(finding a class defined in inexact and broad terms did not give fair notice to the
defendant and could not survive a motion to dismiss); Huchingson v. Rao, 2015
WL 1655113, at *3 (W.D. Tex. Apr. 14, 2015) (same); Dyer v. Lara’s Trucks, Inc.,
2013 WL 609307, at *3 (N.D. Ga. Feb. 19, 2013) (same); Creech v. Holiday CVS,
LLC, 2012 WL 4483384, at *3 (M.D. La. Sept. 28, 2012) (same). Ecoquij-Tzep v.
Hawaiian Grill, 2016 WL 3745685, at *5.
ExxonMobil argues Robbins did not properly allege that this action can be maintained as
a collective action under 29 U.S.C. § 216(b). In his First Amended Complaint, Robbins contends
that he and similarly situated workers were required to work in excess of twelve hours a day,
seven days a week, for consecutive weeks, in Defendant’s oilfields across fifteen states. Robbins
alleges he worked as a lease operator for Defendant “within the last three years and until
approximately September 2014.”1 He further claims he was responsible for inspecting and
operating well equipment and performing other route and routine duties as assigned, but simply
states class member duties were to “perform similarly non-exempt duties pursuant to
Defendant’s own common classification scheme.”2
Although the Fifth Circuit has not addressed the issue, many district courts in the Fifth
Circuit have consistently found an FLSA pleading sufficient when it “puts Defendant on notice
as to the relevant date range, as well as the approximate number of hours for which Plaintiff
claims [he or she] was under-compensated…the FLSA does not require more.” Jones v. Warren
Unilube, Inc., 5:16-CV-264-DAE, 2016 WL 4586044, at *2 (W.D. Tex. Sept. 1, 2016)
(collecting cases). In Ecoquij-Tzep, this Court held that “at the pleading stage, plaintiffs asserting
Plaintiff’s First Amended Complaint (ECF No. 17 at 3).
Id. at 4.
FLSA collective actions must make plausible allegations that there are similarly situated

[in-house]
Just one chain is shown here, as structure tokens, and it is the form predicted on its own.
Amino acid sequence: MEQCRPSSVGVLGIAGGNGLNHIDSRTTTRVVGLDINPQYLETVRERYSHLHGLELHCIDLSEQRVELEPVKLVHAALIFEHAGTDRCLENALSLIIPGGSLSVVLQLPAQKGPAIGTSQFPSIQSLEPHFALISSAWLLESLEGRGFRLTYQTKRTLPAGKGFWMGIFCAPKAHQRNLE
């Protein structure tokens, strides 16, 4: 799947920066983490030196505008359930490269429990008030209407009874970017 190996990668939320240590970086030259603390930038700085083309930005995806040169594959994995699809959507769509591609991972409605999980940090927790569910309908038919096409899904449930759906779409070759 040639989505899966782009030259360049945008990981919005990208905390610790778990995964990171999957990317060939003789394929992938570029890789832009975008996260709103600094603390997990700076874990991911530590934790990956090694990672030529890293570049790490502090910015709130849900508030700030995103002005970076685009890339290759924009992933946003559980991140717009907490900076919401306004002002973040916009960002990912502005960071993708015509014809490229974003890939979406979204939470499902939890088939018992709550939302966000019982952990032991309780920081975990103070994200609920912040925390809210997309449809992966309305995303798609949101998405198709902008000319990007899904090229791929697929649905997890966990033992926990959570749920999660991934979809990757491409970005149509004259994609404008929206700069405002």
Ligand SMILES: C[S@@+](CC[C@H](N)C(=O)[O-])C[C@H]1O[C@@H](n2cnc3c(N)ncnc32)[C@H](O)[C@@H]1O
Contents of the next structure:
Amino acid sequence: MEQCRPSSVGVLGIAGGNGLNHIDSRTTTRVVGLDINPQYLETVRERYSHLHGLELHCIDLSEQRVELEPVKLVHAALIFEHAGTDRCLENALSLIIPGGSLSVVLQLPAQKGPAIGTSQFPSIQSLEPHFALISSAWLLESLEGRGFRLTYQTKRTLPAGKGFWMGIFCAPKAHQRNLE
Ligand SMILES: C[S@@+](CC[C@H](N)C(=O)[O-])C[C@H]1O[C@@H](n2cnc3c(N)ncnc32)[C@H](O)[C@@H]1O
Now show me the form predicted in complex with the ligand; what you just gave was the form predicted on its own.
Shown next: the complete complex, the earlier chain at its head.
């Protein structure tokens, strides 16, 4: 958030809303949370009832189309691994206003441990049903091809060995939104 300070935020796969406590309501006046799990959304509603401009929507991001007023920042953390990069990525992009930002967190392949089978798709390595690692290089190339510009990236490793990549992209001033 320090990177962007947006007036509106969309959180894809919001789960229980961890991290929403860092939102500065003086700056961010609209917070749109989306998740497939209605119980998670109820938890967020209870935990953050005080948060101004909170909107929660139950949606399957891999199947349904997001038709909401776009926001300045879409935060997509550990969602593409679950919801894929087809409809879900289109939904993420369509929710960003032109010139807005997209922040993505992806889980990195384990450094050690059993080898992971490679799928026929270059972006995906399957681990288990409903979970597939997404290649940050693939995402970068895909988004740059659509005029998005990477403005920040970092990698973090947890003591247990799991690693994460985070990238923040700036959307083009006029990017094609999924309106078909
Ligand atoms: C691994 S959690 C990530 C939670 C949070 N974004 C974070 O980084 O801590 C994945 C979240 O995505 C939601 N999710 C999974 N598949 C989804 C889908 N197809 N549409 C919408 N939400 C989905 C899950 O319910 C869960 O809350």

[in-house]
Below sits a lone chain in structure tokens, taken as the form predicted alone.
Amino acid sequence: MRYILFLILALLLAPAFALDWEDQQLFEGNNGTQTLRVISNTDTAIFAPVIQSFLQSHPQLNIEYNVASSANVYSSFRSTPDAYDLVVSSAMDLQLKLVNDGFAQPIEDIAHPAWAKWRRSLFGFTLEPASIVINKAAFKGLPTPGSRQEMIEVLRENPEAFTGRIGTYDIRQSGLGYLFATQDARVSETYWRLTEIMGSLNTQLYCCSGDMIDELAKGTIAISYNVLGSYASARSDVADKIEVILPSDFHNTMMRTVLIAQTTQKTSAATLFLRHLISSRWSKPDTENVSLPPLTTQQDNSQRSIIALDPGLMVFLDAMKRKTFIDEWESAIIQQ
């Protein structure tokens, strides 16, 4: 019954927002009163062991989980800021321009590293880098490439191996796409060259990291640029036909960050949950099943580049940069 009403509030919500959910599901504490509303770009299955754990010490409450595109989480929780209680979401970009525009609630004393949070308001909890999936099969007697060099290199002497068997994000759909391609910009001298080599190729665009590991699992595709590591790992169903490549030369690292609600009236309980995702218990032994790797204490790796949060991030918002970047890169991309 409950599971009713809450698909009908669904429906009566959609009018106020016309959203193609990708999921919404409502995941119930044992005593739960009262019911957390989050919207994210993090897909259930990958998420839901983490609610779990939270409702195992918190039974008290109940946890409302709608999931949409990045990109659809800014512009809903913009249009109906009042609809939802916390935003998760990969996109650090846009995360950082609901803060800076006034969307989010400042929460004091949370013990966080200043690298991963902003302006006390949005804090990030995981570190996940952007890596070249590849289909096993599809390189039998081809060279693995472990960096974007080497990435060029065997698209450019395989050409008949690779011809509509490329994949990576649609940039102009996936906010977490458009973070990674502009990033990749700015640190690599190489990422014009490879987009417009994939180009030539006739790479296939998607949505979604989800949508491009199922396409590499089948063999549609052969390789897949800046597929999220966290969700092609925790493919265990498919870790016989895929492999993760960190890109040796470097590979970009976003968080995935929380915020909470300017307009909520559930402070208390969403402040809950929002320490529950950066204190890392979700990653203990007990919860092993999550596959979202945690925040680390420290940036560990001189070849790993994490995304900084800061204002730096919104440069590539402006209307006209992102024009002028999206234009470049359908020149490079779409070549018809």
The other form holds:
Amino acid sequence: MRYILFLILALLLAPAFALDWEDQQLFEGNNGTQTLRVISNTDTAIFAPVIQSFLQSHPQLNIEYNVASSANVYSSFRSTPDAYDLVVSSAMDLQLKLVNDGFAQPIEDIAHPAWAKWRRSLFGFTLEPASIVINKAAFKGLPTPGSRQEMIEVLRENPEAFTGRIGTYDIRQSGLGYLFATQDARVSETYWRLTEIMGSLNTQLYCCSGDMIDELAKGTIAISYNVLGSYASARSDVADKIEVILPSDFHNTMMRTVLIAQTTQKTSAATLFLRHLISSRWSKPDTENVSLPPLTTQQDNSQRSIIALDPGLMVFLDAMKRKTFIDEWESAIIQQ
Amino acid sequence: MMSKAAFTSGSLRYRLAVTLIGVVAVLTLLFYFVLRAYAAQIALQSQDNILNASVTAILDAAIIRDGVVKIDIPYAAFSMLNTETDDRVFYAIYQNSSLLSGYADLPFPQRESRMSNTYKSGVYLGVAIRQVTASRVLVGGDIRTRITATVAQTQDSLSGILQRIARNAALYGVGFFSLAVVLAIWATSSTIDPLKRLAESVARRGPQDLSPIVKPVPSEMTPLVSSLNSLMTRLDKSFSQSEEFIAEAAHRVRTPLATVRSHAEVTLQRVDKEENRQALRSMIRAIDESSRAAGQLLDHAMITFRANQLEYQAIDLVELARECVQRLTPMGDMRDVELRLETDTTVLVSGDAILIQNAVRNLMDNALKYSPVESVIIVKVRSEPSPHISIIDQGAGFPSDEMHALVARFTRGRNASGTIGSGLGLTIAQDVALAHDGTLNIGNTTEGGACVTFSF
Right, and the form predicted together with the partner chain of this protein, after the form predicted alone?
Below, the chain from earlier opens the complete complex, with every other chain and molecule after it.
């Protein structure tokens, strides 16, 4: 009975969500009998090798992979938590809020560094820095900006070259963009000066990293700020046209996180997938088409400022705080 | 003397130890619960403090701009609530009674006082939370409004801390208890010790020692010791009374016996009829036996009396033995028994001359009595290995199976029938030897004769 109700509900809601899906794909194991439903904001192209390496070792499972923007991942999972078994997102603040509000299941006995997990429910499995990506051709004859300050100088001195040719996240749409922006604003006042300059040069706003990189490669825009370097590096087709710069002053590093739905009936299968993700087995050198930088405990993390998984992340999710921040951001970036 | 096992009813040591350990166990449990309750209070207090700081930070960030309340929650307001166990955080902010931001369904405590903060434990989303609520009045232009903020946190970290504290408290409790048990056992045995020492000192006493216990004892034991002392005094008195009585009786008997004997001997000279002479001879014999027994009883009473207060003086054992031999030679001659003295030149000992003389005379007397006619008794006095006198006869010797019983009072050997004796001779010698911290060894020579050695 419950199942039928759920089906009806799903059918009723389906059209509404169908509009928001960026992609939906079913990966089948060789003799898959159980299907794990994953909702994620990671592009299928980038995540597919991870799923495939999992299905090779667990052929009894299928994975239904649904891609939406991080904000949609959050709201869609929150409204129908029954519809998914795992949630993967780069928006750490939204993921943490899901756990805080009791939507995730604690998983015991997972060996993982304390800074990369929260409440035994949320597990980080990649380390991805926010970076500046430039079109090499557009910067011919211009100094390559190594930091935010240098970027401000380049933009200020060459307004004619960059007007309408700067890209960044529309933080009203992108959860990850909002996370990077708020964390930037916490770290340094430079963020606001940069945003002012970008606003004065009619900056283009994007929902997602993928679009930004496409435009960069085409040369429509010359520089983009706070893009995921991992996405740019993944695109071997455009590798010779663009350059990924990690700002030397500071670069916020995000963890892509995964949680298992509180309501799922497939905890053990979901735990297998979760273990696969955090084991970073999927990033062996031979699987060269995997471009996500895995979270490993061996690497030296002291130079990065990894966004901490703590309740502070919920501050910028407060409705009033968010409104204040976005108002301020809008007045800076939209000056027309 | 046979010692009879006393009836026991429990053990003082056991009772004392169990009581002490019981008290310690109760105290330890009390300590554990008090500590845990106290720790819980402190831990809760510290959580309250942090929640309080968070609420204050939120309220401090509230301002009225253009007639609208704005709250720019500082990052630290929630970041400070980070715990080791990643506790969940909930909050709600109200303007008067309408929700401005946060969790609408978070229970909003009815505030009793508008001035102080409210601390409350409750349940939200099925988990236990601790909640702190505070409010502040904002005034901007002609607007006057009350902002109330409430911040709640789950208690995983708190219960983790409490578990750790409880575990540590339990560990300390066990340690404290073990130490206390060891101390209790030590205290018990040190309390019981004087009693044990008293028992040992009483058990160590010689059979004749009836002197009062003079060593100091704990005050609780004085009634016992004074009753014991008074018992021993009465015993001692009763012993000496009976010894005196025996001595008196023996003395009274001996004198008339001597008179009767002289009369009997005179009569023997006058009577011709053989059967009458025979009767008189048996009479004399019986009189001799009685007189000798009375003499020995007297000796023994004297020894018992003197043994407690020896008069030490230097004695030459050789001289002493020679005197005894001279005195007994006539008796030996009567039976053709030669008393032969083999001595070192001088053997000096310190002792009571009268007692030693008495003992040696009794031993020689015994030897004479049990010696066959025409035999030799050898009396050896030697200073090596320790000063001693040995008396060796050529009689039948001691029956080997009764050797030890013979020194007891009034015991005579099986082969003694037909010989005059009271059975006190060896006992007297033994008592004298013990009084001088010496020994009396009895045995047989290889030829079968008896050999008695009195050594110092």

employees with certain common alleged attributes that could support a collective action.” 2016
WL 3745685, at *5.
Robbins’ allegations do not cite the date range when he worked or when the FLSA
violations allegedly occurred; instead, he vaguely alleges he worked within the last three years
until September 2014. The First Amended Complaint states he worked over twelve hours a day
for seven days for weeks at a time, but does not state the number of hours for which he was
allegedly undercompensated. Robbins names fifteen states where the Defendant conducts
business, but does not state where the alleged FLSA violations occurred. Although Robbins
gives several job titles for members of the class, he does not describe their work or state the
common attributes between them, vaguely asserting that the purported class members had duties
similar to his own. Overall, the First Amended Complaint does not adequately put Defendant on
notice of the characteristics of the members of the purported class. Therefore, Robbins has not
provided Defendant fair notice of the putative class, and his “[t]hreadbare recitals” are
insufficient to survive a motion to dismiss. Iqbal, 556 U.S. at 678.
For these reasons, Defendant’s Motion to Dismiss Plaintiff’s Overbroad Class Definition
and Related Class Allegations is GRANTED. By August 28, 2017, Plaintiff may file a Second
Amended Complaint further specifying the class allegations as explained in this Order.
July 28, 2017.
BARBARA M. G. LYNN
Disclaimer: Justia Dockets & Filings provides public litigation records from the federal appellate and district courts. These filings and docket sheets should not be considered findings of fact or liability, nor do they necessarily reflect the view of Justia.
Why Is My Information Online?